1. Reward doing homework and chores
Doing homework or chores is incompatible with virtually all unacceptable behaviours. Offering a complete, structured menu of rewards for various degrees of completed “work” is always a good strategy to consider. This assumes however, that the child is capable of doing the work.

  1. Keep it flexible
  2. The plan should be a dynamic document that changes as the child’s behaviour improves. Keep in mind that when first training a new behaviour, you need to try to provide at least some reinforcement each and every time an appropriate behaviour is observed. As the behaviour becomes more frequent and ingrained however, it’s more powerful to reward it intermittently. This sounds complex, but in fact is quite a natural flow over time.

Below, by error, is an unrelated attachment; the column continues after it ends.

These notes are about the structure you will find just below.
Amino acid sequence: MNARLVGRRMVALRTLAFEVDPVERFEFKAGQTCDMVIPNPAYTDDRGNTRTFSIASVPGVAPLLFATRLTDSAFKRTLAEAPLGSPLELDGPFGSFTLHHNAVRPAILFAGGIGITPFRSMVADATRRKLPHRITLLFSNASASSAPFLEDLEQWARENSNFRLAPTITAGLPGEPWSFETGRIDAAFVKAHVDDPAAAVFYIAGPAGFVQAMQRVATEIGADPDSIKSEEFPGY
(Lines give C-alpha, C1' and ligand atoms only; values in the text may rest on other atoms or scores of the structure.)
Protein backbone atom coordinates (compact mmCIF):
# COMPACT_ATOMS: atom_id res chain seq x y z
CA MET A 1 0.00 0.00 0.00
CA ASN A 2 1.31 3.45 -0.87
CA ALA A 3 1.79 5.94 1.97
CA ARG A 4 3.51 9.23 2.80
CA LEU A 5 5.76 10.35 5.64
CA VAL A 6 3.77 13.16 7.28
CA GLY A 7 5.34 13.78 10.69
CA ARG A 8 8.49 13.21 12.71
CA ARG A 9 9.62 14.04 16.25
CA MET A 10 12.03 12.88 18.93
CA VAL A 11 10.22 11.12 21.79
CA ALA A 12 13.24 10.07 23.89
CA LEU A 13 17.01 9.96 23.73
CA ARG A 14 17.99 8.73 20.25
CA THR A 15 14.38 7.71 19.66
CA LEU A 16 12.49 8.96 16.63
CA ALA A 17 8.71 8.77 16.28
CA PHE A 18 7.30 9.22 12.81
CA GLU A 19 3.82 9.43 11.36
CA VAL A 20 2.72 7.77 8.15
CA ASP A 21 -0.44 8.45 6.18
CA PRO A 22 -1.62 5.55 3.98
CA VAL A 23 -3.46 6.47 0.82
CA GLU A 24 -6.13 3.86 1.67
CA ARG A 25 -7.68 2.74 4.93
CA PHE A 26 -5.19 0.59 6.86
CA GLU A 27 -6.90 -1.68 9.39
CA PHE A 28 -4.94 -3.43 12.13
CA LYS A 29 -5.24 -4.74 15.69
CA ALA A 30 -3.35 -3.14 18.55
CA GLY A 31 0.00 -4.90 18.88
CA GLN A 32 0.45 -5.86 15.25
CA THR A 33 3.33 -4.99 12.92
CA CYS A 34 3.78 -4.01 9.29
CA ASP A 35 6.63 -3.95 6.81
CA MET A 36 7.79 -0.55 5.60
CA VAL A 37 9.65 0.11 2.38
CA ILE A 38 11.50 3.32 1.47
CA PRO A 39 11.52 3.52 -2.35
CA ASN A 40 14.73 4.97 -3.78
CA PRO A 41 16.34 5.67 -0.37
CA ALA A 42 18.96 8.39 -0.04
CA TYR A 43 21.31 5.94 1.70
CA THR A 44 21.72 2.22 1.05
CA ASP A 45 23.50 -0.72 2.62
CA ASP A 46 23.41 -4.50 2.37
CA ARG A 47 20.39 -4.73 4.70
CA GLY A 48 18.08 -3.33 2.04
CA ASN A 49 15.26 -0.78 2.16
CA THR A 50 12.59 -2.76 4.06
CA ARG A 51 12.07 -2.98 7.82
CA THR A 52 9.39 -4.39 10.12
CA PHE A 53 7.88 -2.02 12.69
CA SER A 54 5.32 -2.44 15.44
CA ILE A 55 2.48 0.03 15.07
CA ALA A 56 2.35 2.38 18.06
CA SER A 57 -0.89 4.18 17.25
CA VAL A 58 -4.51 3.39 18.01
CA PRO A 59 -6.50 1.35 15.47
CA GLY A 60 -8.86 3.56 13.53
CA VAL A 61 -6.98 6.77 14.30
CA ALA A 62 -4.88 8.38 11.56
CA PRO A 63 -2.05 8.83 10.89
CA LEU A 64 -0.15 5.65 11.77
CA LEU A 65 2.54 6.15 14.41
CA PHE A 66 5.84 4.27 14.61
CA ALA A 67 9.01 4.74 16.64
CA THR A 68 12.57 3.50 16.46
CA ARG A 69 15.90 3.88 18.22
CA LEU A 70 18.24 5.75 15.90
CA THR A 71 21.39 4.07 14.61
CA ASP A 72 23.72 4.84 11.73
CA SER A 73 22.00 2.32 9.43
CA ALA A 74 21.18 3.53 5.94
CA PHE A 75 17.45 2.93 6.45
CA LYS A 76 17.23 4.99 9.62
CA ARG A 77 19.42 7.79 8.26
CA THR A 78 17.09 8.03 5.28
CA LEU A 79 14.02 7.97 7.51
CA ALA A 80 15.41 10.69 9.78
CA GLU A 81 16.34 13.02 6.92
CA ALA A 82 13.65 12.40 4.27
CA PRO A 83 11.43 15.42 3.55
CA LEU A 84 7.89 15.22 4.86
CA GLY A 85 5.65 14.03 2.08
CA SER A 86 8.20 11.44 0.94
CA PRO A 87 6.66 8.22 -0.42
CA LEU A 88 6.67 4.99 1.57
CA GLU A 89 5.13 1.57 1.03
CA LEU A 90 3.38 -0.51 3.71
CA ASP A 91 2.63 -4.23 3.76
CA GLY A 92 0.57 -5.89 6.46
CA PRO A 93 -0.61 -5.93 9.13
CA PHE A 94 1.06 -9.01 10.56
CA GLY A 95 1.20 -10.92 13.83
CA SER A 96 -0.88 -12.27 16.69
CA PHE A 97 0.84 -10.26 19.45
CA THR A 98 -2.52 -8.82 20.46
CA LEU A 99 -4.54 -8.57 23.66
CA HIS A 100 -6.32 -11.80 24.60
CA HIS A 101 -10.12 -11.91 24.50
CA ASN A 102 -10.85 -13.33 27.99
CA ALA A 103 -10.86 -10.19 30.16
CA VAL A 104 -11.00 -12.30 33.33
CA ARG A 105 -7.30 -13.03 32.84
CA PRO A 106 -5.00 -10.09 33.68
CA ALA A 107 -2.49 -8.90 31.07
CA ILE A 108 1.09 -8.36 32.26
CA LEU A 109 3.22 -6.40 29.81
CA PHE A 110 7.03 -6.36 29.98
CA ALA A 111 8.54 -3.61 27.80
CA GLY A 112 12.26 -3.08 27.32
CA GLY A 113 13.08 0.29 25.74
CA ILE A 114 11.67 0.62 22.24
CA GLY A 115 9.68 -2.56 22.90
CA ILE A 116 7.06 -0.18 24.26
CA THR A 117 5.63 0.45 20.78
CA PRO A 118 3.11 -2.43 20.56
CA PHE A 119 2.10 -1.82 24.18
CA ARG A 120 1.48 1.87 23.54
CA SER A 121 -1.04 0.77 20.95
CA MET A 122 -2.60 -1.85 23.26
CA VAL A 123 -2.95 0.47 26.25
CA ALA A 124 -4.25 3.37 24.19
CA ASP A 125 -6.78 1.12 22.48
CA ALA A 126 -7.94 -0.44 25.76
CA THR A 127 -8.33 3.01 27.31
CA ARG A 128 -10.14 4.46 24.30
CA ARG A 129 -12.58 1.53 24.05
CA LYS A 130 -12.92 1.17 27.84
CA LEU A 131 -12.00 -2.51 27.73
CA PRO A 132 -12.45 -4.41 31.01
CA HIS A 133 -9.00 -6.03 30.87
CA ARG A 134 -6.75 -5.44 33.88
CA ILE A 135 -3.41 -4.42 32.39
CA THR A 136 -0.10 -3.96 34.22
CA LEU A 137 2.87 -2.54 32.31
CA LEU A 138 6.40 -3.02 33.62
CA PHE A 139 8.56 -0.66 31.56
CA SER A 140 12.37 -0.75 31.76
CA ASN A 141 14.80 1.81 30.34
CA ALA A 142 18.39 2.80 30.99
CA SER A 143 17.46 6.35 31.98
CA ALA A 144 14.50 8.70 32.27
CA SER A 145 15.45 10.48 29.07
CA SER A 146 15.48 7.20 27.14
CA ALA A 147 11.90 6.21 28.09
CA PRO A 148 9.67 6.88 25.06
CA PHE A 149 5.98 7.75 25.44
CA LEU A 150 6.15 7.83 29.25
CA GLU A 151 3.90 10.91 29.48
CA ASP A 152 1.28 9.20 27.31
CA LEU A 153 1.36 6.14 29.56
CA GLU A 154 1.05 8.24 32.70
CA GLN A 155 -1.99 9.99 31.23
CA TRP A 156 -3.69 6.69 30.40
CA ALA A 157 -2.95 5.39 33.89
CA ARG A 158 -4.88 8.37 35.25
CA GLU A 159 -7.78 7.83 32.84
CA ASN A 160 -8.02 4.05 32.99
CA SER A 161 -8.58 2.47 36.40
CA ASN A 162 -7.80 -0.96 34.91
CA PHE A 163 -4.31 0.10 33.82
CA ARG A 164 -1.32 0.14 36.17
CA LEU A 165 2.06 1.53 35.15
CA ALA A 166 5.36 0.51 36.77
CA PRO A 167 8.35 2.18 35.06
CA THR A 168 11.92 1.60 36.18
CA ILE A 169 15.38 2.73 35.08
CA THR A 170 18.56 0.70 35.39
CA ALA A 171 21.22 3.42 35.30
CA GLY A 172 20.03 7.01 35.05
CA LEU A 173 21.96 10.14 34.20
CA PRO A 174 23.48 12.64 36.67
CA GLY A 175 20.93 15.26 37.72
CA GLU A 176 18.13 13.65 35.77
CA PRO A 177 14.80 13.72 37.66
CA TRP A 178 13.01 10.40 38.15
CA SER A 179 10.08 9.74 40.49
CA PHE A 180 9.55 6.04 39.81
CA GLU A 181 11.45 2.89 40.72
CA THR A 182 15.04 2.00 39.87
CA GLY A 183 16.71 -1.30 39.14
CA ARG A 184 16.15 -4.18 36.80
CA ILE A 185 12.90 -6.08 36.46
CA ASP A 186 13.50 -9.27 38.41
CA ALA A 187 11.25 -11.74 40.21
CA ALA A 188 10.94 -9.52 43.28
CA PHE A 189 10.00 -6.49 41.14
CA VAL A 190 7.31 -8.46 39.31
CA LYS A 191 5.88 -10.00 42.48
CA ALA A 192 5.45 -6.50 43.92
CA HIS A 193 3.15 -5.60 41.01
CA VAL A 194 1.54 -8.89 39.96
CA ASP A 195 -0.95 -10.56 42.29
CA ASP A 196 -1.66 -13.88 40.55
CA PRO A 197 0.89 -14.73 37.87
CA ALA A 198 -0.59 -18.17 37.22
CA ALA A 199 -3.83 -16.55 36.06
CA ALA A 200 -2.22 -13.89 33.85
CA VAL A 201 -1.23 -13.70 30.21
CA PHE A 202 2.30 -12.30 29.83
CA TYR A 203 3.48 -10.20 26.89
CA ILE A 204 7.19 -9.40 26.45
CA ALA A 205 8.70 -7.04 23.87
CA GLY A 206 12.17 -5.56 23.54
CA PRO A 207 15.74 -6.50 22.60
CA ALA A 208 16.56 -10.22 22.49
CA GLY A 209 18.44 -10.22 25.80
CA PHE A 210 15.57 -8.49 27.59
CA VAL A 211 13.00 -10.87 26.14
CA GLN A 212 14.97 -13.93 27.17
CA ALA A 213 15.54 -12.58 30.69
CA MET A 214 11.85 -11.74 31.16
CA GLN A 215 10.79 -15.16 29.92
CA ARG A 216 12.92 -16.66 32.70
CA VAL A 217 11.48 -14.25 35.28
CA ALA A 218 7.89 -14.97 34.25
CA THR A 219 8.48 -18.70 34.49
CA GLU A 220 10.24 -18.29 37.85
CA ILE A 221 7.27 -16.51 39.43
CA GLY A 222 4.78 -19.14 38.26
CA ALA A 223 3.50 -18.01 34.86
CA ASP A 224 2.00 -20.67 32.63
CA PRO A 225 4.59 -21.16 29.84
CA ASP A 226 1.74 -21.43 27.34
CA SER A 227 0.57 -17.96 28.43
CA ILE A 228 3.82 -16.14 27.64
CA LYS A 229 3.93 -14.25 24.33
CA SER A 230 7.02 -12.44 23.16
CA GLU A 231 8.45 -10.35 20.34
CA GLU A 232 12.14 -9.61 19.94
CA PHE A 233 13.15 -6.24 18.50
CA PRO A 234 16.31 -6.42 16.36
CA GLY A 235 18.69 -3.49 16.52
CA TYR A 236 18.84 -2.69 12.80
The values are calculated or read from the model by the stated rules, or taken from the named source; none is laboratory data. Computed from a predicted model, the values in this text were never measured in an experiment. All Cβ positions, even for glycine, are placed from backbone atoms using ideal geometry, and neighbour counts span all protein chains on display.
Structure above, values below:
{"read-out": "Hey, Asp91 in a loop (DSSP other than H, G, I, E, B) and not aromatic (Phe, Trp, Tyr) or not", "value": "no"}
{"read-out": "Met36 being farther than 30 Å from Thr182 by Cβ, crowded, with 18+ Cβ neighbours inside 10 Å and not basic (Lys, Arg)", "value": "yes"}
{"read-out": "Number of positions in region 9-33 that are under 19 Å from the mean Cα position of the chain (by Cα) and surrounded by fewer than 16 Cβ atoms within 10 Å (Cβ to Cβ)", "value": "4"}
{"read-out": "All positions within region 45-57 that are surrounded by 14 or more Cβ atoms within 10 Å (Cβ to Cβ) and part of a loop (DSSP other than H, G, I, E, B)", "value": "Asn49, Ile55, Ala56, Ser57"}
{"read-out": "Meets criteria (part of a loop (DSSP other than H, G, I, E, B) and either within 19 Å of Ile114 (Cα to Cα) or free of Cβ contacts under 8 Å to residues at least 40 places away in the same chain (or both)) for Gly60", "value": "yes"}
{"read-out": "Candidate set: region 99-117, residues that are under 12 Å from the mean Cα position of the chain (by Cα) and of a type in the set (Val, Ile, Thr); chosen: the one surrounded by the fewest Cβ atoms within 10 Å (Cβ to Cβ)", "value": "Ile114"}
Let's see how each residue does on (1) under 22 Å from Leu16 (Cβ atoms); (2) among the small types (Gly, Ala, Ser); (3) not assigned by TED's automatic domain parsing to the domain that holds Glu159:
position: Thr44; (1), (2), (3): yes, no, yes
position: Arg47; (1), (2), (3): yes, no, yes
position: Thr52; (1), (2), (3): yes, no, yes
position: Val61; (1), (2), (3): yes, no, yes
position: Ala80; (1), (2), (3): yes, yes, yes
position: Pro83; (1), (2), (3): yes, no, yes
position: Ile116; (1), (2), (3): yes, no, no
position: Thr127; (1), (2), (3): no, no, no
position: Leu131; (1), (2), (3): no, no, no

3. Use gentle humour
  4. Where possible, try using gentle humour to prevent anger from contaminating the training process. The humour should never be sarcastic, or funny at the child’s expense, but remember that children love to laugh and learn better when they do.
 
7. Implement the plan
 
Be consistent, persistent and vigilant
 
If you can have some help from a friend or family member in the first few days, all the better, since it’s so important that very little is missed and the child gets rewarded a lot. Expect a range of reactions from the child, including whining, testing and bargaining, but before long the program should be working fairly smoothly.
 
Do not expect steady, continuous improvement. Behaviour tends to improve in a “choppy” fashion, with two steps forward and one back, so it is important to persist with the program even when there appear to be setbacks.